5 Behaviors Video Games Reward and Reality Calls Crazy
There's a long-running debate about whether video games make gamers more violent. The evidence in support of that theory is inconclusive at best, but I've noticed other, subtler ways that playing games can mess with your brain. I don't have any science to back up the following theories because when I proposed studies, I was told to get out of the dean's office and put some damn pants on. But, I do have a degree in squandering my youth, and that's the greatest teacher of all.
They Make You Hoard Supplies
There's an ongoing joke among gamers that no one uses the expendable supplies they accumulate -- healing potions, poison antidotes, new racial slurs to bust out on Xbox Live, etc. -- because no matter how badly it looks like you might need them, you worry that you might need them even more in a future battle. So, you handicap yourself just a little bit for fight after fight, and, by the time you take on the final boss, you have like a thousand X-Potions, Turbo Ethers, and nonsensical complaints about Spanish people. That's more supplies than you could use in a dozen fights, and, now, you'll never get the chance to use them at all because the game is over. You're so concerned about wasting items that you end up ... wasting items.
"Whoa, whoa, if we bring him back to life, we'll only have 33 left!
What happens if we die 34 times later?"
Now, obviously, if I get poisoned in my fight with an evil cactus in real life, I'm going to pound back an antidote without a second thought. I fight four, maybe five or six, evil cacti a year, which leaves me plenty of time to restock. But, this ultra-conservative attitude toward resource management pop up in dumb little thoughts such as, "Eating this box of crackers would fill me up now, but what if I'm even hungrier later?" and "I should save this fancy shampoo I stole from a hotel for when I need my hair to look really nice!" and "If I have this entire bottle of tequila for breakfast on Monday, what am I going to have for breakfast the rest of the week?"
You hoard your resources for a future "battle" in your life, even though acquiring a new box of crackers is, as a general rule, easier than finding a treasure chest that houses a rare and valuable medical supply. But, despite that, you still treat your last sliver of toothpaste like it's the fragile orc-repelling axe you found buried in the ruins of an ancient Dwarven city, which is ironic because refusing to use it up will definitely cause some repulsion in your life.
"Whoa, whoa, if you eat a piece, I'll only have 33 left! What happens if I want to eat 34 pieces later?"
It's good to be thriftier, but only to a point. Much like hanging onto those potions for so long that you never get the chance to use them, you can only hang on to some Popsicles for a day that's really hot -- like, you think it's hot now, but man, you'll be sorry when it's even hotter and you'll wish you could cool down with a Popsicle, but oh shit, you ate them all, and you can't go buy more because it's too goddamn hot -- for so long before they turn to icky mush. And, if there's one thing worse than seeing a single Popsicle left and wondering if eating it will come back to haunt you when you're battling a weather report that's weak against icy treats, it's seeing an untouched box and realizing you bought it in the spring of 2011. That precise scenario may have less to do with video games and more to do with me being dumb, but I'm going to blame Final Fantasy, anyway.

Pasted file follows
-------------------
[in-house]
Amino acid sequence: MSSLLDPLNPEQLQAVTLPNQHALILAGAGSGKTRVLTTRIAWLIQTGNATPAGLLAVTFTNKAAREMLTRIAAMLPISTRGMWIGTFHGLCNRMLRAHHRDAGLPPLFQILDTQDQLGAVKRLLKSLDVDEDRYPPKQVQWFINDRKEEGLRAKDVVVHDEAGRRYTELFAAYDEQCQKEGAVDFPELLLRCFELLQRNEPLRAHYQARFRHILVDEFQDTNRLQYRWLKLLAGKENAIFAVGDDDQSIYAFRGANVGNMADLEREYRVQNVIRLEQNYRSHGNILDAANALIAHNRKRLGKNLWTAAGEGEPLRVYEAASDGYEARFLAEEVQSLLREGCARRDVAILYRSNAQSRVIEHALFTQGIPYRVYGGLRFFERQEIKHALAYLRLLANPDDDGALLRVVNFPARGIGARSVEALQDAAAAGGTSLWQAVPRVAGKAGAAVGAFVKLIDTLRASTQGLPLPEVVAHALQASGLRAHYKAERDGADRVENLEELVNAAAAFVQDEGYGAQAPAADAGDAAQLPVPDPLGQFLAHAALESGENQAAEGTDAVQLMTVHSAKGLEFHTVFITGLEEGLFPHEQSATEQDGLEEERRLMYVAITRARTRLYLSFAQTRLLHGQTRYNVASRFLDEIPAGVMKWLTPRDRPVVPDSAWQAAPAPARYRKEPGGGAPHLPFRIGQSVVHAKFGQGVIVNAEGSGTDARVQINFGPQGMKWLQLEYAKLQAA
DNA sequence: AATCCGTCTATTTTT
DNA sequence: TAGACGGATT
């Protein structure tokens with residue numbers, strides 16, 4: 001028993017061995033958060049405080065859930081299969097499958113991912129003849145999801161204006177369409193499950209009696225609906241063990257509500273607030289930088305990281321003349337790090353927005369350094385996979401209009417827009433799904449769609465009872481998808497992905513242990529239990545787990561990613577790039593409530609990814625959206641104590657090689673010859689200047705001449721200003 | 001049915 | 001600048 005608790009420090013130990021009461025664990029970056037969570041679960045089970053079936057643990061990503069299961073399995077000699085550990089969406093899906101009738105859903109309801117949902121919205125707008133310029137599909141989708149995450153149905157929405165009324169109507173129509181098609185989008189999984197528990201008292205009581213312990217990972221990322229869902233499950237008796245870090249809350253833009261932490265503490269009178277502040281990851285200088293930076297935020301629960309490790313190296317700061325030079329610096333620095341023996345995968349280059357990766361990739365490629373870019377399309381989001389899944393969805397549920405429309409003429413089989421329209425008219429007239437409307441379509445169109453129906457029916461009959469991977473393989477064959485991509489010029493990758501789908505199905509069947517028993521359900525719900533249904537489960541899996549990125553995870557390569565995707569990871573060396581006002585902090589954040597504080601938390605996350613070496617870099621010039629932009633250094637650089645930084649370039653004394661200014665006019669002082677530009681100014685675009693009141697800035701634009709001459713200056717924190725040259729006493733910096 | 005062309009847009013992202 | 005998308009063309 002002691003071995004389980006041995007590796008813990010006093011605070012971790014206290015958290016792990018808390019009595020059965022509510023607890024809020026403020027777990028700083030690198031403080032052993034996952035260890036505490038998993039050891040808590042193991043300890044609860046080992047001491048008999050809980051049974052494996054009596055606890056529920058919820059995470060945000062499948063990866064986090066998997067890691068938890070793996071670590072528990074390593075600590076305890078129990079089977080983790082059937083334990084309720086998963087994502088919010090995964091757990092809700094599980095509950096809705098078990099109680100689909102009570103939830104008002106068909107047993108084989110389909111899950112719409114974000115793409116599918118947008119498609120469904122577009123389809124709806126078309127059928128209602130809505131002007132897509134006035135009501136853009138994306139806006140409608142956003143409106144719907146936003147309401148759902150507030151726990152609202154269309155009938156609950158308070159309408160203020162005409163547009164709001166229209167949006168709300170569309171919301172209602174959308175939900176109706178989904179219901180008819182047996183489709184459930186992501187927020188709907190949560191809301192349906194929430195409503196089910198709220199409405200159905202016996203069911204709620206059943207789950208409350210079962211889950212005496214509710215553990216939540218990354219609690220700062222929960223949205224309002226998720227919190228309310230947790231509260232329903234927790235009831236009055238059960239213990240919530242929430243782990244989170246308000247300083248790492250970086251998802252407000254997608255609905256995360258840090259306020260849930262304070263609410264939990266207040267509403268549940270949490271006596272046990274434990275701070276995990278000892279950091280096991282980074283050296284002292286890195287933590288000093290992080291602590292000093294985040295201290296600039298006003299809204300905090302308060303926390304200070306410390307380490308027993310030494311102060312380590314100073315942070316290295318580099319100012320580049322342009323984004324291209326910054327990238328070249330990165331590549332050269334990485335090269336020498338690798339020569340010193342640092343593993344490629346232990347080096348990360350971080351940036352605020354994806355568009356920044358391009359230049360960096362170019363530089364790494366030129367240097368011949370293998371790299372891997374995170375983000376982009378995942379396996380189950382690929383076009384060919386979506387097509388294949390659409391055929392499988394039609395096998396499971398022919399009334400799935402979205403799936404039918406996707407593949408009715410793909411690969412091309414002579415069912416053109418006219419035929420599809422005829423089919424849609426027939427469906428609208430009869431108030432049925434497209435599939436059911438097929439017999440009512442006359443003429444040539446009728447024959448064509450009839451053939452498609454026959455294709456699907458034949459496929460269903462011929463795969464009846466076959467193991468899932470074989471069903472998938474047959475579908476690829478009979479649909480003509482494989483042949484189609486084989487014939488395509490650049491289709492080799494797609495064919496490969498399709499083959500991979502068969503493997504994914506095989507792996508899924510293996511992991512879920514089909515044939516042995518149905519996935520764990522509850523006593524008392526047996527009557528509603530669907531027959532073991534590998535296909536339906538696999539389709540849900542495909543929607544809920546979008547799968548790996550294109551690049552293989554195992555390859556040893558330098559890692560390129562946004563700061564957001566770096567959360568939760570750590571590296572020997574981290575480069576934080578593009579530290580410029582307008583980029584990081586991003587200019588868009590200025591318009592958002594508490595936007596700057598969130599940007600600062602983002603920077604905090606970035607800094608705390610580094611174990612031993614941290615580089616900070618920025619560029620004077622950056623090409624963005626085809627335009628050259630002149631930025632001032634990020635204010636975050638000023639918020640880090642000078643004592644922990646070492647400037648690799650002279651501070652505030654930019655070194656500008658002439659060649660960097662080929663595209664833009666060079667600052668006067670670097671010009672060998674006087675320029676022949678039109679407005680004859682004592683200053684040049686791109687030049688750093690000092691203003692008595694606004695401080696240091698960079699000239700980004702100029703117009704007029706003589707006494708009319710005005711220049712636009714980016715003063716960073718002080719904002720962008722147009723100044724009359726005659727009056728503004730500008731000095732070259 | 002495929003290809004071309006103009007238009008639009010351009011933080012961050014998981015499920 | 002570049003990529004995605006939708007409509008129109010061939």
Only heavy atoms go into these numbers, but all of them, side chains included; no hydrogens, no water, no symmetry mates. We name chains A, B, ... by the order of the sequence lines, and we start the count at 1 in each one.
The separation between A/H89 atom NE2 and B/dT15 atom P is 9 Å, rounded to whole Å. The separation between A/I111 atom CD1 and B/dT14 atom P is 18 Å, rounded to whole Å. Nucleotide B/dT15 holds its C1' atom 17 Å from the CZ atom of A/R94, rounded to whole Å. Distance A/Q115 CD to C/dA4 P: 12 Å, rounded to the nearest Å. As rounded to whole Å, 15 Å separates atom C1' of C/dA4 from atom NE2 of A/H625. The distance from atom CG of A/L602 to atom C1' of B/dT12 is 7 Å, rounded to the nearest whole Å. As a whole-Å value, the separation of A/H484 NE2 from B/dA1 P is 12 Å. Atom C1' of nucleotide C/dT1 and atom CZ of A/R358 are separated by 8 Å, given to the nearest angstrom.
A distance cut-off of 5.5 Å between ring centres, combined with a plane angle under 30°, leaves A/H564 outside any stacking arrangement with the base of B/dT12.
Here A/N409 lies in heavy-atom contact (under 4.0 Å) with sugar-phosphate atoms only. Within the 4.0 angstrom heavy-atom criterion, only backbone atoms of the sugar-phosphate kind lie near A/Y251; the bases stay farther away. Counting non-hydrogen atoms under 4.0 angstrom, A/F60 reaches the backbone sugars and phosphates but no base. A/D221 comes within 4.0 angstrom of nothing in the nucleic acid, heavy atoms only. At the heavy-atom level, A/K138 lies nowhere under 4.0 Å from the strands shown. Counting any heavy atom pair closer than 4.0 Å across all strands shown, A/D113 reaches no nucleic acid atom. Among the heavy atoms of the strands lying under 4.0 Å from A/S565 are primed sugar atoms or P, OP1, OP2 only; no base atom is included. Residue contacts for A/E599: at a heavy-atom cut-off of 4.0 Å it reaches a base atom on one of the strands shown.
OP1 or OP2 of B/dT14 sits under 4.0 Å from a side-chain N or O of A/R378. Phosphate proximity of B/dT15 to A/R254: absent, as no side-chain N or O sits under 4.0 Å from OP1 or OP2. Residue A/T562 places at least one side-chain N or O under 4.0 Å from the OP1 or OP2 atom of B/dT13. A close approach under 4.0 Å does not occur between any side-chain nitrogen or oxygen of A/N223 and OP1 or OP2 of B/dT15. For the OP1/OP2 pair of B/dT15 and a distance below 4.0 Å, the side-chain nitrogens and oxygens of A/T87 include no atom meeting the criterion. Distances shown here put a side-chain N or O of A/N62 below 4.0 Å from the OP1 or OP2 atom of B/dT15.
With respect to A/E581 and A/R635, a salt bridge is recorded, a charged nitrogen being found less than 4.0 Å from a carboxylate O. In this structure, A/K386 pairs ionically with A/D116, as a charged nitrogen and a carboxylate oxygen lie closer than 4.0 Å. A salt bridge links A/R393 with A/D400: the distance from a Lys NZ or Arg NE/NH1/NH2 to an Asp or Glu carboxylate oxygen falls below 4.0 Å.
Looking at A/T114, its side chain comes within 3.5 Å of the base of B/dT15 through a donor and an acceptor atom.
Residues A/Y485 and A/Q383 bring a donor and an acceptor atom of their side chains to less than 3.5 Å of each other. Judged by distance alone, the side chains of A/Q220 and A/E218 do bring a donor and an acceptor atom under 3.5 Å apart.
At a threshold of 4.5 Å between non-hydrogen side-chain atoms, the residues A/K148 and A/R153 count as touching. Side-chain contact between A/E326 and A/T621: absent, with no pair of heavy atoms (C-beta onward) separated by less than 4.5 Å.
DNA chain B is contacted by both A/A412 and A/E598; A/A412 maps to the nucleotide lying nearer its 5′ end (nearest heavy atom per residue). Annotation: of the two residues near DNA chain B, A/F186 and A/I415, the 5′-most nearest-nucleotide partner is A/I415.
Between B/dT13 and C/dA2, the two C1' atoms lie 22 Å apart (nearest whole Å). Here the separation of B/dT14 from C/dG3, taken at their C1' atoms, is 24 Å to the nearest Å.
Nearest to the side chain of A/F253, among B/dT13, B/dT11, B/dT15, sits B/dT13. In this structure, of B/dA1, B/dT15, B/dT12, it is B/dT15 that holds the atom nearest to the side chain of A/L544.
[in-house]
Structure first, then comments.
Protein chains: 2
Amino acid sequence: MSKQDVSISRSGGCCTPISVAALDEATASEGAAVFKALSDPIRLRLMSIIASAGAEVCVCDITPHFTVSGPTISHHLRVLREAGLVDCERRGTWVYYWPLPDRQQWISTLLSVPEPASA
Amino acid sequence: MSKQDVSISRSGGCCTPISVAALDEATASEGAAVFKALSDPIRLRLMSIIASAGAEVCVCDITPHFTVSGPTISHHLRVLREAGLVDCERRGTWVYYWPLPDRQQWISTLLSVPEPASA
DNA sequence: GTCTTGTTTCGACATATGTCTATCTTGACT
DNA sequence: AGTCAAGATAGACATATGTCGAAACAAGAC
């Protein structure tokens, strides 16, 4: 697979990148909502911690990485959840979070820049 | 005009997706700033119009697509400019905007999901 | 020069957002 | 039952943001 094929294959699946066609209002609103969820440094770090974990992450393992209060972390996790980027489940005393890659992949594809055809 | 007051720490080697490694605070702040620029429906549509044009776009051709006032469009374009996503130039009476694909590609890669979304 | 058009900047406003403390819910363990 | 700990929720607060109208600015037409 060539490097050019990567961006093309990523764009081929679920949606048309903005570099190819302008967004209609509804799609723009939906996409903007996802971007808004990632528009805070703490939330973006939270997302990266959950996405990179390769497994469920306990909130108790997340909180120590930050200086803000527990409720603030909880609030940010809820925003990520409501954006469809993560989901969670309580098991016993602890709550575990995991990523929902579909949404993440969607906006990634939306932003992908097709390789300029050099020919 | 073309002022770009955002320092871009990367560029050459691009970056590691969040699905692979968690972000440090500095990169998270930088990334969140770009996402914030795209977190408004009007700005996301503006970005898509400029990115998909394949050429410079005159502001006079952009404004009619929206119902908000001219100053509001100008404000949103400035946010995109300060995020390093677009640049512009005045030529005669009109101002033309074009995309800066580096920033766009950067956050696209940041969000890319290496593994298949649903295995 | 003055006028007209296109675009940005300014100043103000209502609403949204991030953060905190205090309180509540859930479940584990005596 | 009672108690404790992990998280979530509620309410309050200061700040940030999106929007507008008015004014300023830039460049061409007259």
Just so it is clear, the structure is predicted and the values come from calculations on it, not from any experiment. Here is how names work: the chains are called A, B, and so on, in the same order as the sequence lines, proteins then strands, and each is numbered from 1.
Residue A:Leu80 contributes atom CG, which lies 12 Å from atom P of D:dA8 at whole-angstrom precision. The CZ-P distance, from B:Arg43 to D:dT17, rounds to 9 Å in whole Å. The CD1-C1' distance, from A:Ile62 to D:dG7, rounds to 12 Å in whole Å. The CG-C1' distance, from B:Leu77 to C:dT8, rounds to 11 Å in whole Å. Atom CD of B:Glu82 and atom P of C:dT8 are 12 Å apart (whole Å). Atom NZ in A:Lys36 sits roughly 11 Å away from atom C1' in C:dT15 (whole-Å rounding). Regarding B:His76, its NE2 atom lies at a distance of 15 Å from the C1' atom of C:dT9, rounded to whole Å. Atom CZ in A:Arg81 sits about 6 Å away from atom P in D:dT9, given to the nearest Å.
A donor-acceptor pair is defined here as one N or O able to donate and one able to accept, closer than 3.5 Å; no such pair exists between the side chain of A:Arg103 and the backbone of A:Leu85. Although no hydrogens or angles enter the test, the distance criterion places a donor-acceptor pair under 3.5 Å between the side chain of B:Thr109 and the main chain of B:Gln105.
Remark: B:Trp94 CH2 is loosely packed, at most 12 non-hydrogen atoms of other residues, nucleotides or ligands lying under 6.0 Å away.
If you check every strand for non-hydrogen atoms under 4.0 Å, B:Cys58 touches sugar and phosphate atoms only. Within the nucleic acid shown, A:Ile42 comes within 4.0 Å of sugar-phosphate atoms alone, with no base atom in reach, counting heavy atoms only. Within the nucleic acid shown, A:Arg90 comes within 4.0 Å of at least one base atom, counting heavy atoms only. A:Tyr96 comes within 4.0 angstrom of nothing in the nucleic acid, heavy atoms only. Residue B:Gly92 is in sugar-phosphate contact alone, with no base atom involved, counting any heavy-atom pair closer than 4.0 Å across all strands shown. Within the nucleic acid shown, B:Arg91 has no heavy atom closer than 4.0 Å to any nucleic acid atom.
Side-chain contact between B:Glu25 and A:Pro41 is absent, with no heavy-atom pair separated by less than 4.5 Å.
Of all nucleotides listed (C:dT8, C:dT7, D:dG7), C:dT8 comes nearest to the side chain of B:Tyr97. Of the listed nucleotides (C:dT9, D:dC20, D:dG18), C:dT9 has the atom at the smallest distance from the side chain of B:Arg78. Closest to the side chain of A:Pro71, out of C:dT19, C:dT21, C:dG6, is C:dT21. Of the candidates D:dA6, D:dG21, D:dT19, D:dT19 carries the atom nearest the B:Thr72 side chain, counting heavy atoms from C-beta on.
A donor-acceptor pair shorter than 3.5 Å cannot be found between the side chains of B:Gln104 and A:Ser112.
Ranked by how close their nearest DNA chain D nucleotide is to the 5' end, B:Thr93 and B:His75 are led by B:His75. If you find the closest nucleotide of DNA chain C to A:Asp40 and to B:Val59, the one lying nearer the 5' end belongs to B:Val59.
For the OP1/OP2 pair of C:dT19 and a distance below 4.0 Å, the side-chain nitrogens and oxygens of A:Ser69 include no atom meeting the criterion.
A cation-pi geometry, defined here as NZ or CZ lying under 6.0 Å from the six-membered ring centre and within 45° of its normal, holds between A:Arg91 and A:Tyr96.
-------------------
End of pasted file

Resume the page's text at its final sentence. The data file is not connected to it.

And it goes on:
They Turn You Into an Obsessive Explorer
If a video game tells you to turn right, you know the first thing you need to do is to head left. As Robert Frost taught us, the path less traveled is full of sweet loot, whether it's a treasure chest, an important collectible, or a valuable life-defining experience. The last one is admittedly unlikely to come up in a Zelda dungeon, unless it's a really cool one, but the point is that it's ingrained in a gamer's mind to always go in the opposite direction of where they're told. And, if there's a map screen to fill out, you're damn well going to want to uncover 100 percent of it. Because if you settle for 95 percent, you're going to spend the rest of the game wondering if a +5 Platinum Codpiece of Enhanced Prowess was squirreled away in that one little section you missed.
Look at all those unentered rooms. It makes me sick.
In real life, I tend to go where I'm told because I've found that doing otherwise leads to people yelling at you to get out of the employees-only section, yelling at you to get out of the women's washroom, and yelling at you lie down on the White House lawn and surrender. But, if you have the opportunity to explore every last nook and cranny of the place you're visiting, you're going to do it. Who knows if the one path of Disneyland you didn't go down is the one with the coolest ride? What if that dark, dusty corner of IKEA is hiding treasure in the form of the perfect chair for your budget and style? And maybe that quiet alcove in the art gallery is displaying the one painting that isn't boring!